The Sheriff cites no supporting authority establishing that this Court has either the authority or the responsibility to act essentially as a remote supervisory custodian directing where Petitioners will be held. This Court is adjudicating a habeas petition seeking Petitioners’ immediate release. In that role, the Court possibly may deny relief thereby de facto permitting their continued detention–by Respondents–or it instead may order their release, perhaps per a conditional writ grant. Nothing in that role contemplates this Court affirmatively ordering Petitioners’ continued detention, even pendente lite, by a different custodian. The Sheriff’s novel, and wholly unsupported, request is fundamentally at odds with the Court’s role in this matter in impartially adjudicating the Petition.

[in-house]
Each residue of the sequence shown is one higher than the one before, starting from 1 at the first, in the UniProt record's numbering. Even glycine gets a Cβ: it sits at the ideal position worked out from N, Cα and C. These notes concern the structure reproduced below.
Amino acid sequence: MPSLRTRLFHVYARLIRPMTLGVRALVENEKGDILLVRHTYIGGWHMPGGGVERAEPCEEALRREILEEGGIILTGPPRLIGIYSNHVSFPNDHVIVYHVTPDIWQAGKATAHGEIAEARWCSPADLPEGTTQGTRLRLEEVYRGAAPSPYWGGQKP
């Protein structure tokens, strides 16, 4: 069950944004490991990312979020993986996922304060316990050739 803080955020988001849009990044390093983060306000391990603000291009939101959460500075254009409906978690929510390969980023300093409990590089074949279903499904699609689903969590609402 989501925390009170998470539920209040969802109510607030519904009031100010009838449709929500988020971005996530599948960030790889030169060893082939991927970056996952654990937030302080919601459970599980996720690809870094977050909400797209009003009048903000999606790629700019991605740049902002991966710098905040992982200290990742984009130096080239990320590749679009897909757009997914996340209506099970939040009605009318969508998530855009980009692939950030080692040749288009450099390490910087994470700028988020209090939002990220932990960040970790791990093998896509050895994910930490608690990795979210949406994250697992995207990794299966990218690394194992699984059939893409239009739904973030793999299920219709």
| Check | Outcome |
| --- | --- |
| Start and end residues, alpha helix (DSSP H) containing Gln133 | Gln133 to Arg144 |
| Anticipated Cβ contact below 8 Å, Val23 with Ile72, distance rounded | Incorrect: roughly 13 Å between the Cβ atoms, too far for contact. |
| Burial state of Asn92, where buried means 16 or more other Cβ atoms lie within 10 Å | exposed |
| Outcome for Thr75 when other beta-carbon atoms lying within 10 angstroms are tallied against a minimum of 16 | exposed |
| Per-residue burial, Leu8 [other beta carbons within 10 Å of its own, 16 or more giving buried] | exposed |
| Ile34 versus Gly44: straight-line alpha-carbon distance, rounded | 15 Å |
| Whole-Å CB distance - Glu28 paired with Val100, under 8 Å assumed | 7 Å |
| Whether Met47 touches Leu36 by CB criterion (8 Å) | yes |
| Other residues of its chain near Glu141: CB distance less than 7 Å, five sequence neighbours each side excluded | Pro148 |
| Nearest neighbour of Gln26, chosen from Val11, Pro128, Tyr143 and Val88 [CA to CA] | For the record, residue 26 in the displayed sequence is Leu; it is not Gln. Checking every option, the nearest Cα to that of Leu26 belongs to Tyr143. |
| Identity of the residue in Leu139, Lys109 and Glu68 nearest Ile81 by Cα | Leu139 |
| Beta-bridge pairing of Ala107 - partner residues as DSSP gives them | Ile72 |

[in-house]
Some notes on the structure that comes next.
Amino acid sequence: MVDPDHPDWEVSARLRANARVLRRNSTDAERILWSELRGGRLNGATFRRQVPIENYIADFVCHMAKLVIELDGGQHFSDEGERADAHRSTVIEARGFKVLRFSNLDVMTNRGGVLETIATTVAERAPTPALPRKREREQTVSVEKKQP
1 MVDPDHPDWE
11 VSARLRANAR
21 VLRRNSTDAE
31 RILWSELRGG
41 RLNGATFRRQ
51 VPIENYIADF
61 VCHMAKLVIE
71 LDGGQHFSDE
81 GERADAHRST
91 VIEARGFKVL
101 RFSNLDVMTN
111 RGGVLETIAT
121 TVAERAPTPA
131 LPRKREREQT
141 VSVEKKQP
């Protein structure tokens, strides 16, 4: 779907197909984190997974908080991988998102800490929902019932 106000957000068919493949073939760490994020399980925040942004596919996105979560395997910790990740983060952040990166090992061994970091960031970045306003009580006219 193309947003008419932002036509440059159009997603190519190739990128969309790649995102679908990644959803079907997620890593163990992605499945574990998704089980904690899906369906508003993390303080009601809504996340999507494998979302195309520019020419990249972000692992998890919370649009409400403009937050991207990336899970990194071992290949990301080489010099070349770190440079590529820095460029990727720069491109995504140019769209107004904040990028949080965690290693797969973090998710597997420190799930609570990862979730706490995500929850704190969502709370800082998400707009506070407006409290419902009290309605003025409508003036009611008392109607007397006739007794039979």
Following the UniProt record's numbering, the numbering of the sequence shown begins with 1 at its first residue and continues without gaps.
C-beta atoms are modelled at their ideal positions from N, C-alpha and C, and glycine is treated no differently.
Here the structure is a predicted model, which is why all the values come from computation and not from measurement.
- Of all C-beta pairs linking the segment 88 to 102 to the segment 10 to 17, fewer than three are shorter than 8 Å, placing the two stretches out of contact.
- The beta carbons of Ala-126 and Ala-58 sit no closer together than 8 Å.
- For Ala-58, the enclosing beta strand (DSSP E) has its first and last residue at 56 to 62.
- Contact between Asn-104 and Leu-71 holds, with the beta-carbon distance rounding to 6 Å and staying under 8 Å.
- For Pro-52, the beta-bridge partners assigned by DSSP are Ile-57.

Frankly, if the Sheriff no longer wishes to hold Petitioners, that is a matter between perhaps the Sheriff, the Tribe, and the BIA. It is not the Court’s concern—so long as Petitioners are not moved outside the District in an attempt to avoid this Court’s attached jurisdiction based on their existing custody in the District.

The motion to dismiss (ECF No. 11) therefore will be denied.


Petitioners filed a return of service on Monday, June 21, 2021, in which the private process service asserts, inter alia, that: (a) when service was attempted on Chair Smokey at the Tribal office on Thursday, June 17, 2021, the process server was told that the person authorized to accept legal documents was not present but would be in the office the following week (which is now this week); and (b) the process server otherwise could not locate or develop a service address for Chair Smokey otherwise, via sundry methods, including various different types of online searches. (ECF No. 14 at 2.)